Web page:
Fifth Commandment

Thou Shalt Prefer Showing to Telling

“Show, don’t tell.” You’ll hear this a lot when seeking advice on how to improve your prose fiction. Another version of this might be, “Describe, don’t just identify.” In any case, the warning here is that simply naming a person, place, object, action, thought or feeling is never as engaging as describing those same things.

After all, there are so many unique versions of those things; plus, so many unique circumstances under which even the same particular things might be experienced differently. For example, the very same apple could “gleam a brilliant red-orange in the harsh light of the burning sun” or it could appear as “a deep burgundy against a vast, moon-lit walkway of clean white pebbles. “

Granted, one can overdo sensorial description to the point of the poor reader gagging on adjectives. However, if, at some point in your narration, you would like to enhance the reader’s emotional state or hope that they will intuit the great themes of your tale, you would do well to avoid, “There was an apple on the ground”… unless, perhaps, banality is the theme of choice.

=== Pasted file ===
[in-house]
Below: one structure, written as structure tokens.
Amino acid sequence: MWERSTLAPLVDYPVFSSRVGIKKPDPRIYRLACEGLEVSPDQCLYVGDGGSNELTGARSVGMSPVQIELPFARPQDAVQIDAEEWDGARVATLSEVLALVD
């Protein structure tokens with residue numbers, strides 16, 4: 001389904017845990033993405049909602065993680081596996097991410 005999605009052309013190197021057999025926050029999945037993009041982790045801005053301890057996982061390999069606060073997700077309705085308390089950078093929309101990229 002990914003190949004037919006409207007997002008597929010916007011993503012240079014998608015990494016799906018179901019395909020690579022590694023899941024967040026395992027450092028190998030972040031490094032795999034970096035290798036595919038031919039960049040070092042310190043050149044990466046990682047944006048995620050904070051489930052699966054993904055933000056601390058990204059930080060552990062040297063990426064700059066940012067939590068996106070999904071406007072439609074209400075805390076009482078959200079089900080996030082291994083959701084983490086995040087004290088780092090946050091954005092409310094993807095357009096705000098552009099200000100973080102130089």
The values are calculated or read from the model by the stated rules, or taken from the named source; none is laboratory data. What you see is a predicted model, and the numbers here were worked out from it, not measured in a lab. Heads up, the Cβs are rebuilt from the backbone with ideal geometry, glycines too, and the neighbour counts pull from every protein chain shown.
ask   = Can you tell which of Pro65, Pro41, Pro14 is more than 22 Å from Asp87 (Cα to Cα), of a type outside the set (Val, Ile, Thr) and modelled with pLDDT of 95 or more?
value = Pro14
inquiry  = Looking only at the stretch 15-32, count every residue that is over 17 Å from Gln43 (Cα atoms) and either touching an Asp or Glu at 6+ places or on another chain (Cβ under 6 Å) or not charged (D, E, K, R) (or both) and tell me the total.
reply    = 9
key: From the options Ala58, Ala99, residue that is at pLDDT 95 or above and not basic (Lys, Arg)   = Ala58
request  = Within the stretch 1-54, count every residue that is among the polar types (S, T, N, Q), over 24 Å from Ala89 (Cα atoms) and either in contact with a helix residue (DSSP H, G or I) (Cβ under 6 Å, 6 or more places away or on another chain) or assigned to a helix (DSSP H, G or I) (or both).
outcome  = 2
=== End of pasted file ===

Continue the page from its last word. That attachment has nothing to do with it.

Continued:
The other side of “Show don’t tell” is having enough respect for, and trust in, your readers’ intelligence. If one of your characters “widens her eyes and drops her jaw,” your reader will enjoy picturing the face. They will participate in interpreting the expression (as if they were there in the story seeing the reaction) and infer the emotion of shock behind it. If instead you simply tell the reader that “she looked surprised,” then all of that picturing, interpreting and inferring (a.k.a. engagement) is chucked right out the window.  And, for heaven’s sake, don’t belabor the reader with a “show and tell” — “She widened her eyes and dropped her jaw in a look of surprise.”


Bottom Line for FQP Submissions:

If you submit a manuscript that reveals a persistent lack of description, you basically have two options: Resubmit at a later date with more showing and less telling, or work with one of FQP’s developmental editors to resolve the description deficiencies (typically from $50 – $200.)


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